Lee’s Behind My Eyes

Mike recommended Li-Young Lee to me in January when he sent me a poem called “Early in the Morning”

EARLY IN THE MORNING

While the long grain is softening
in the water, gurgling
over a low stove flame, before
the salted Winter Vegetable is sliced
for breakfast, before the birds,
my mother glides an ivory comb
through her hair, heavy
and black as calligrapher’s ink.

She sits at the foot of the bed.
My father watches, listens for
the music of comb
against hair.

My mother combs,
pulls her hair back
tight, rolls it
around two fingers, pins it
in a bun to the back of her head.
For half a hundred years she has done this.
My father likes to see it like this.
He says it is kempt.

But I know
it is because of the way
my mother’s hair falls
when he pulls the pins out.
Easily, like the curtains
when they untie them in the evening.

The poem reminded me a lot of some of my favorite poems in Fiona Lam’s Enter the Chrysanthemum in its concreteness, one of many reasons I’ve become so fond of Chinese and Japanese poetry in recent years.

Perhaps that introduction to Lee’s poetry left me somewhat unprepared for Behind My Eyes, which was published in 2008. The first half of the book tends to be rather abstract and philosophical, though the best of the poems like this one,

HAVE YOU PRAYED

When the wind
turns and asks, in my father’s voice,
Have you prayed?

I know three things. One:
I’m never finished answering to the dead.

Two: A man is four winds and three fires.
And the four winds are his father’s voice,
his mother’s voice . . .

Or maybe he’s seven winds and ten fires.
And the fires are seeing, hearing, touching,
dreaming, thinking . . .
Or is he the breath of God?

When the wind turns traveler
and asks, in my father’s voice, Have you prayed?
I remember three things.
One: A father’s love

is milk and sugar,
two-thirds worry, two-thirds grief, and what’s left over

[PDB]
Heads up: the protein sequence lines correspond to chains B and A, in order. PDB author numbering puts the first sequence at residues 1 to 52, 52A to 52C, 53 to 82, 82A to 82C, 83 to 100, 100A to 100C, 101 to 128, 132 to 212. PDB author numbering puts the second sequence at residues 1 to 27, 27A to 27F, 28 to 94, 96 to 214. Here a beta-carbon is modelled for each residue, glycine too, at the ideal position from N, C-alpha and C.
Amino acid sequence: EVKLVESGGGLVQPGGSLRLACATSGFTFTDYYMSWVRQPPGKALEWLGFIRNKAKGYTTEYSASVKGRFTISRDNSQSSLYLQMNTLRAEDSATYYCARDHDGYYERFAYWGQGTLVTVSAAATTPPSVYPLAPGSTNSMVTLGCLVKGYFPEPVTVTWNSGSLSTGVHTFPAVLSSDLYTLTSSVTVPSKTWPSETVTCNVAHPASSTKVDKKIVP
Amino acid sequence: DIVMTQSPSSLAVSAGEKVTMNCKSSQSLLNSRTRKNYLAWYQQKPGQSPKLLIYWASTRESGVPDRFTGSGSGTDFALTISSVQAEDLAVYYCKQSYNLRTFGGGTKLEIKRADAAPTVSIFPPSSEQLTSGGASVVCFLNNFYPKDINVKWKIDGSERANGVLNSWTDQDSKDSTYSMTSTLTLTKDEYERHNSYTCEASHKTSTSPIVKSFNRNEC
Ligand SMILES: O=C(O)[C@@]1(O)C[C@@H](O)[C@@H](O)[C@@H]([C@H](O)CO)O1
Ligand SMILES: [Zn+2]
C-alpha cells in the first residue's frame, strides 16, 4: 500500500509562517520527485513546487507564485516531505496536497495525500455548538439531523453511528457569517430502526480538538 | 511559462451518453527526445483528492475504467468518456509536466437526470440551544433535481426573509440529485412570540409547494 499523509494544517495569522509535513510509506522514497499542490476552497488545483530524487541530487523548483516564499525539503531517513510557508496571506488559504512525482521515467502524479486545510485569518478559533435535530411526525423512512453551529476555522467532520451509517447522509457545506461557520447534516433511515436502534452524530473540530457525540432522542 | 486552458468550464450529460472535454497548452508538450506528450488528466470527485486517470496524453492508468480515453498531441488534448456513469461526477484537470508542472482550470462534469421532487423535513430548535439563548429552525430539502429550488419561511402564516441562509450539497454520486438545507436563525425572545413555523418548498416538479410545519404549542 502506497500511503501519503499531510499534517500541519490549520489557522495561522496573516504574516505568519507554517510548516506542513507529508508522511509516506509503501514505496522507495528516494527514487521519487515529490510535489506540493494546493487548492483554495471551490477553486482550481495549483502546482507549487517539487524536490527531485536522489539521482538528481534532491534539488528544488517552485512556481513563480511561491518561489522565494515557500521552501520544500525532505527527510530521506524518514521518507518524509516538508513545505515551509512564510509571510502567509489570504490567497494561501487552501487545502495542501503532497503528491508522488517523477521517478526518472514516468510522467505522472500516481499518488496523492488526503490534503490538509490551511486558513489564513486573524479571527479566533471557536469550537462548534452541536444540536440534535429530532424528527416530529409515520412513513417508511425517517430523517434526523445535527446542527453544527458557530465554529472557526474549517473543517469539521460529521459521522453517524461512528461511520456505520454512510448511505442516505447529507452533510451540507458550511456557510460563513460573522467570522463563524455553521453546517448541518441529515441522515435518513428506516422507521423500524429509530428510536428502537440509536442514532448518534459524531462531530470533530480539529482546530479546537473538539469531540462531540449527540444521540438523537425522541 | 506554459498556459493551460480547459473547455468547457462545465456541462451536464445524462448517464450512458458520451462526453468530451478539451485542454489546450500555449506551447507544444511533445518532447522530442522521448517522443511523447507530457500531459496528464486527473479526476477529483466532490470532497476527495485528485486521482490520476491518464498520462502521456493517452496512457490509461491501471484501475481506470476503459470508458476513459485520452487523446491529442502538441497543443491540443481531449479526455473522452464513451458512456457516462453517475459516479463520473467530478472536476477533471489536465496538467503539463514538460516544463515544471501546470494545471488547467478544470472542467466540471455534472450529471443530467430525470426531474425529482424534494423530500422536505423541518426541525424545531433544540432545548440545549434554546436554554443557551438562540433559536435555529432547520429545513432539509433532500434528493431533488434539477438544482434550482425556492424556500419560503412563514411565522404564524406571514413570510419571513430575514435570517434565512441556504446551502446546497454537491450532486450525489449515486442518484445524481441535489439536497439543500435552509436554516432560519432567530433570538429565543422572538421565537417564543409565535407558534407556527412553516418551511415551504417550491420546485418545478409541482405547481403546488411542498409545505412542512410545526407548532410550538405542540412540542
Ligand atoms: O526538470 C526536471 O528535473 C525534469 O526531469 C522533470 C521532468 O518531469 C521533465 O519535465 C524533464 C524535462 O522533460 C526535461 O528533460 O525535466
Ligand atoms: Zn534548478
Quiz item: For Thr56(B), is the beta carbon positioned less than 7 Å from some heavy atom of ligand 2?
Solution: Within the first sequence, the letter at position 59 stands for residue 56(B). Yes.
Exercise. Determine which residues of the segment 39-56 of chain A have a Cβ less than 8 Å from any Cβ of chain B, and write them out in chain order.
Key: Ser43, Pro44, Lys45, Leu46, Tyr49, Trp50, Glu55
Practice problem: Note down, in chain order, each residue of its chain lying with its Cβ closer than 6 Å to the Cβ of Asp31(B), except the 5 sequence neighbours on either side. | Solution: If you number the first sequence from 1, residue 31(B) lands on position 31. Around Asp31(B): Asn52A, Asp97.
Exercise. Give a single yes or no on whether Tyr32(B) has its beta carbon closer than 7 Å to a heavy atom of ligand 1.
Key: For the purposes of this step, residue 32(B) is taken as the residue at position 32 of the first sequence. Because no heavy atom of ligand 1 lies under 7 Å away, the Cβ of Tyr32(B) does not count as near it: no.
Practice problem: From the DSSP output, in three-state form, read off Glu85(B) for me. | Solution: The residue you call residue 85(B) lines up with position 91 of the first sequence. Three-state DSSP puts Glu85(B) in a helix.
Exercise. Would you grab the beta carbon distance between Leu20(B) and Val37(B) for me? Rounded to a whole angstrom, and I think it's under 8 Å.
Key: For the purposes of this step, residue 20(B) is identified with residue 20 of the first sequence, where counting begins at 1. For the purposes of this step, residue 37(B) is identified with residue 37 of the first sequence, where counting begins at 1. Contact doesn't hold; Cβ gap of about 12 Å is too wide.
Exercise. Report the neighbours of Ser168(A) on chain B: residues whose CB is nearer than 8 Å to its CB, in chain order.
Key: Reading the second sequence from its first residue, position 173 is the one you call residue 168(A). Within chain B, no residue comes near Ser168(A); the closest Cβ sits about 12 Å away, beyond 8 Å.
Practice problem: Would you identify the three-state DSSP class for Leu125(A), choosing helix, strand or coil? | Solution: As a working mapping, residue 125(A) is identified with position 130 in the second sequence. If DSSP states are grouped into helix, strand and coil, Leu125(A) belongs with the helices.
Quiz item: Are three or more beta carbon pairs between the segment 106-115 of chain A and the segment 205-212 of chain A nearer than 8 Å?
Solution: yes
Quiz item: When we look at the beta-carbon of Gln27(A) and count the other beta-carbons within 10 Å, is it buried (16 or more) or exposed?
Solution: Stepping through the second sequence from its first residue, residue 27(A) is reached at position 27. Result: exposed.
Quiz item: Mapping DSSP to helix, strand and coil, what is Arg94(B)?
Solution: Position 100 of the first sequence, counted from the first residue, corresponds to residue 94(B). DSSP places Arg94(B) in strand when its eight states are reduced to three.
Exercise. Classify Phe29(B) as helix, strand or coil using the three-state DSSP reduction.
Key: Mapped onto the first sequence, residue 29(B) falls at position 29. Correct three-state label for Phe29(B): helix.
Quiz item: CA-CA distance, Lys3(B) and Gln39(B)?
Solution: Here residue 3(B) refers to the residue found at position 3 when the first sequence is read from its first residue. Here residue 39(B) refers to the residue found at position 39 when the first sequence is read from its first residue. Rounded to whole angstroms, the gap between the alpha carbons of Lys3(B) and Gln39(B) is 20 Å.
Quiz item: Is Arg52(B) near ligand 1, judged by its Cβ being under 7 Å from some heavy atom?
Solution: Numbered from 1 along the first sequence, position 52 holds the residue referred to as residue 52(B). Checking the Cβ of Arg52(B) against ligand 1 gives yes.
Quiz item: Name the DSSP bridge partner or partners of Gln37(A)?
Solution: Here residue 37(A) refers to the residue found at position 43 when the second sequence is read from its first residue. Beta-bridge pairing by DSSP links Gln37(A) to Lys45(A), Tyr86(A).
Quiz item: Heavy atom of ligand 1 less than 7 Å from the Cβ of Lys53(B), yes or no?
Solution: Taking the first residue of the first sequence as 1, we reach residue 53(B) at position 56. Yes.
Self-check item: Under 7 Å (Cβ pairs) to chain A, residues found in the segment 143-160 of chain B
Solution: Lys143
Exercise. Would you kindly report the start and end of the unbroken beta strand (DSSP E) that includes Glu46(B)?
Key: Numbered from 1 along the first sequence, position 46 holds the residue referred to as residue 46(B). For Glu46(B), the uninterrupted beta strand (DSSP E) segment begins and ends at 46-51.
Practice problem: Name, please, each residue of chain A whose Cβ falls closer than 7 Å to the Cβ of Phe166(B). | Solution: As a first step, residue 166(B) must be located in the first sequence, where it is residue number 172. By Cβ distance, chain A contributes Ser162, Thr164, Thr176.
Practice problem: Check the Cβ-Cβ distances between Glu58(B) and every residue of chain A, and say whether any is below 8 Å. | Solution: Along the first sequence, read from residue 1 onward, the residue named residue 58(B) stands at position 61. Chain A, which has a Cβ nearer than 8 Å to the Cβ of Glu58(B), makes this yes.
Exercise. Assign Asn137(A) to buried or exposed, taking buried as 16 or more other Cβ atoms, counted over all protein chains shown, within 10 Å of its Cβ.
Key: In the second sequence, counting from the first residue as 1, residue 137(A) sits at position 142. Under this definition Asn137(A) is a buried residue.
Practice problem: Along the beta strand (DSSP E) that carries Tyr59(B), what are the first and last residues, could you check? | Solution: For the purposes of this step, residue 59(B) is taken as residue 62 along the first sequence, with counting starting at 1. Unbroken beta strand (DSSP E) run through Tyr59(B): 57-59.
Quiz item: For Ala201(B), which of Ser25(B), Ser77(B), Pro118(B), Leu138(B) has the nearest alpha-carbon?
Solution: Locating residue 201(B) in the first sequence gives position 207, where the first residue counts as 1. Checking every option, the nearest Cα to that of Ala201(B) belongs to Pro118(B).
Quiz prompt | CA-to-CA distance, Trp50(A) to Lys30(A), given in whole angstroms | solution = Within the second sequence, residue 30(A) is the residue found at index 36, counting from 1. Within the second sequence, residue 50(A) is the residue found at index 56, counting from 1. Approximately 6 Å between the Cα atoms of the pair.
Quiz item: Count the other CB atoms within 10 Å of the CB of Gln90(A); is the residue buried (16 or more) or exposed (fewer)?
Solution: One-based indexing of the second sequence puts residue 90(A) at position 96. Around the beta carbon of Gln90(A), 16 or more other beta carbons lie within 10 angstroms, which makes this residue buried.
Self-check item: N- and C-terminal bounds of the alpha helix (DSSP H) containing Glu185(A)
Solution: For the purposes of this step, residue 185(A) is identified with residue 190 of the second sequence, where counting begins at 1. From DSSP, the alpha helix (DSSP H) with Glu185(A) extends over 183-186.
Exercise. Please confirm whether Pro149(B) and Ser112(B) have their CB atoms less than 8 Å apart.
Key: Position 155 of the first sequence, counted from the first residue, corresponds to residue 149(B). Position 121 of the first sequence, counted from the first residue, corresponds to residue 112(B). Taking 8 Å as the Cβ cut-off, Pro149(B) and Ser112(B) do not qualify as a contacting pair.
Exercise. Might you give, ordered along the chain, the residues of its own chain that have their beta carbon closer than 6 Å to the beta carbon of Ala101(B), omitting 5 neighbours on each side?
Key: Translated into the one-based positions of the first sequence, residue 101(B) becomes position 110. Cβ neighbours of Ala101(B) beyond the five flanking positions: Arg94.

is trimmed and leavened to make the bread
the dead and the living share.

And patience? That’s to endure
the terrible leavening and kneading.

And wisdom? That’s my father’s face in sleep.

When the wind
asks, Have you prayed?
I know it’s only me

reminding myself
a flower is one station between
earth’s wish and earth’s rapture, and blood

was fire, salt, and breath long before
it quickened any wand or branch, any limb
that woke speaking. It’s just me

in the gowns of the wind,
or my father through me, asking,
Have you found your refuge yet?
asking, Are you happy?

Strange. A troubled father. A happy son.
The wind with a voice. And me talking to no one.

manage to combine abstract and concrete ideas together beautifully.

I’ll have to admit that I like the way Lee begins with “I know three things” but only lists two things before he begins to reconsider. Most of all, I like the way the title “Have you prayed?” resonates throughout the poem, implying the father’s faith that carried him through tougher times than most of us will ever know.

There’s power in lines like “And wisdom? That’s my father’s face in sleep.” and “Have you found your refuge yet?” that suggests what the poet owes to his father.

4 thoughts on “Lee’s Behind My Eyes

  1. That second poem takes on the idea of ambiguity in a powerful way, by turnig it on itself, toying with it like a zen master, but anchoring it in conrete just when it threatens to drift away. So it feels real..like wondering about any natural phenomena, but not being able to conclude.

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